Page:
25 Smartphone Accessibility Settings You’re Not Using (But Should)

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Thanks to smartphones, it is much easier for us to communicate with others and complete our daily tasks whenever we want, from wherever we want. But what if we’d told you we only use a fraction of what they can really do? There are so many accessibility settings that could make your life much easier, you just have to know how to use them.

Screen readers, voice-to-text dictation, and other interesting features in smartphones like iPhones and Androids can really improve the everyday lives of everyone. If you want to find out how to use your smartphone more effectively, we made a list of accessibility settings you need to know about:

iPhone:

  • VoiceOver – This amazing feature uses artificial intelligence to provide audible descriptions of the stuff you have on your screen, from images to apps and who is calling you.
  • Zoom – Zoom magnifies the content on the screen and has many other options to configure contrast, invert colors, and highlight focus.
  • Magnifier – You forgot your glasses? No need to worry. This feature on your iPhone works like a magnifying glass to read the small print on any item you have trouble reading.
  • Text Size – If you have eye problems, you can customize the text settings on your iPhone. You can make your text bigger by going to Settings > Accessibility > Display & Text Size, then turn on the Larger Accessibility Sizes settings and adjust the text to the size you wish for.
  • Text Color and Readability – This feature is extremely useful for people who suffer from color blindness. You can increase the contrast between the text and the background, reduce the intensity of bright colors, and apply color filters.
  • Subtitles and Captions – How would you feel if we’d tell you there’s a button for subtitles and closed captions for every video you want to watch on your iPhone?
  • Headphone Accommodations – In case you have an increased hearing sensitivity, there’s an iPhone feature to adjust the volume of your phone after your needs.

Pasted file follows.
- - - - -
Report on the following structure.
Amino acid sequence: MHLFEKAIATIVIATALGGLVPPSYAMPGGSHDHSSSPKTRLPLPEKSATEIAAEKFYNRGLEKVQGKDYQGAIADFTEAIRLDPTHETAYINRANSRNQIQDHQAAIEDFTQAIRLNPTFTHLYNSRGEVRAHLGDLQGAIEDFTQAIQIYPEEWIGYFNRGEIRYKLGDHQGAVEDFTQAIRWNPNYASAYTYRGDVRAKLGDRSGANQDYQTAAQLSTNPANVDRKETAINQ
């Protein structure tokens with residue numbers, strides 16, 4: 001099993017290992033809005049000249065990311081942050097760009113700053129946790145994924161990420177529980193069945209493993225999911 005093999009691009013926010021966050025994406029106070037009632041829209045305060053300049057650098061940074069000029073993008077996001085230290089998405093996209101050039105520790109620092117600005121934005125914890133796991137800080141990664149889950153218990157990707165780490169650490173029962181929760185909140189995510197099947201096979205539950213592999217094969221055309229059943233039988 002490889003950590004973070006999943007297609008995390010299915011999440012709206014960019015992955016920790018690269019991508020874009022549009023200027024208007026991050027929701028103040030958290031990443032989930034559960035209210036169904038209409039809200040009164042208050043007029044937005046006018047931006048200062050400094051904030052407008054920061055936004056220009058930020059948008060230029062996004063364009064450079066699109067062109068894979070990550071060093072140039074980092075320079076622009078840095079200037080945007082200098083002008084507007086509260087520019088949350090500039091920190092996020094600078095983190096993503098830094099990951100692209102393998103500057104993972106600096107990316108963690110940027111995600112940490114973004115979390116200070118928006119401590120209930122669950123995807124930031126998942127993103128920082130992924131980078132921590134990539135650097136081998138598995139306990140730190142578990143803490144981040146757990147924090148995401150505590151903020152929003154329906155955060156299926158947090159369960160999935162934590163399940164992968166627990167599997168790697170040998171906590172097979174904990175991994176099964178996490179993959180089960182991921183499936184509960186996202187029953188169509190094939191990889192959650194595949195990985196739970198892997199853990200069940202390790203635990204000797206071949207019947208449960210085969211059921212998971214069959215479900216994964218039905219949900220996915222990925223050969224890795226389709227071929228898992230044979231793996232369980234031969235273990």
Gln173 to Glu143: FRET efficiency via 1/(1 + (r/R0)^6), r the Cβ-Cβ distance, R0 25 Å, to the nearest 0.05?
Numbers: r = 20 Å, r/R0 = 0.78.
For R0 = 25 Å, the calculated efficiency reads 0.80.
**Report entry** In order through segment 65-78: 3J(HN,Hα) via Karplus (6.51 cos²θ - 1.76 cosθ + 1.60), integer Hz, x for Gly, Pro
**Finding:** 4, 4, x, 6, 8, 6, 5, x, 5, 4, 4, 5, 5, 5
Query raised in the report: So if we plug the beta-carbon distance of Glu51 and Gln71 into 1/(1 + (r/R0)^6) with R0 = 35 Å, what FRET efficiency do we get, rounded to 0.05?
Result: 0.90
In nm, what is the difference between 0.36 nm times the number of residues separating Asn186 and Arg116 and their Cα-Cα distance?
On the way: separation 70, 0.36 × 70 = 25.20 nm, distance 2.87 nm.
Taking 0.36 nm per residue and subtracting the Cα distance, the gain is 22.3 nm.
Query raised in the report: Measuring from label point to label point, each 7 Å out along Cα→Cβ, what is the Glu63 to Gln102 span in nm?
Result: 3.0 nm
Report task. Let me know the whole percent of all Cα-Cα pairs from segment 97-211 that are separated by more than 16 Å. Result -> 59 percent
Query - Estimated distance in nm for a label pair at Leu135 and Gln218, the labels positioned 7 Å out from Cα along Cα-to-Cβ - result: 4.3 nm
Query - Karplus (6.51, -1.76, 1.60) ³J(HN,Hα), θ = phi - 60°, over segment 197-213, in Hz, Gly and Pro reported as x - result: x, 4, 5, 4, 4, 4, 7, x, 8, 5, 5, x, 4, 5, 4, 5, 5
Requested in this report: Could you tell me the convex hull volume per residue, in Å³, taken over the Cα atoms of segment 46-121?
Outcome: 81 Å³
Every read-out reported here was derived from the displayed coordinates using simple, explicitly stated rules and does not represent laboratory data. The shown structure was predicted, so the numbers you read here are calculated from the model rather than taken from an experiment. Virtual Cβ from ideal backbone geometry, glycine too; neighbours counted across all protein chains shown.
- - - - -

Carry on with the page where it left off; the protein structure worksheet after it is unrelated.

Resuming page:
• Switch Control – This feature helps iPhone users with limited mobility to perform basic actions, like texting and opening apps.
  • People Detection – Did you know that your iPhone can scan the area around you, and recognize other people that are nearby? People Detection can be extremely useful for blind people or those with poor vision.
  • Live Listen – To make things even better, iPhone made this feature for people that use hearing devices. All that is required is to connect the hearing device to the iPhone and place the phone closer to the people that are speaking to boost the volume of their voices.
  • Dictation – This tool is highly used by many people already. Basically, all the text messages, emails, and other notes you want to write on your phone can be done by simply speaking to your phone.
  • Sound Detection – Turning on the Sound Detection feature will help you listen to certain sounds, like the doorbell or an alarm.

Android:

  • TalkBack – Just like iPhone’s VoiceControl, you can listen to the audible descriptions of the text and images on your Android. All you have to do is go to Settings > Accessibility > TalkBack.
  • Action Blocks – This feature is especially useful for caregivers and people with cognitive disabilities. You can choose any common action from the list, such as Make Phone Call, and label it with an image, name, or even both.
  • Display and Font Size – You can adjust the size of your display on your Android as well. All you have to do is go to Settings > Accessibility > Font Size and decide on the wanted dimensions.
  • Magnification – With this feature, you can temporarily zoom your screen.
  • Lookout – This one is extremely helpful for blind people because it gives them a sense of what’s happening in their surroundings.
  • Voice Access – If you’re a technology lover like us, you’ll like this feature. You can provide spoken commands to your smartphone, and it will do as you say: opening apps, typing messages, and placing calls.
  • Time to Take Action – Need something to remind you of what you need to do like taking medication? This tool can do it for you: you’ll receive temporary alerts, calendar notifications, and text messages for a longer duration.
  • Voice Input – This voice-to-text feature allows people with physical and visual impairments to type text messages, emails, and other notes.
  • Sound Amplifier – This app can connect to your headphones or hearing pods to boost and filter the sounds that are nearby.
  • Live Transcribe – How about an app that translates real-time speech-to-text captions in more than 80 languages?
  • Sound Notifications – Android phones have developed a tool that can notify you when it hears sounds like fire alarms or doorbells. It’s a real lifesaver!
  • Switch Access – This particular feature is helpful for users with limited mobility and sensory issues.
  • Morse Code Keyboard – Since 2018, Android phones have had the Morse code attached to Gboard keyboards.

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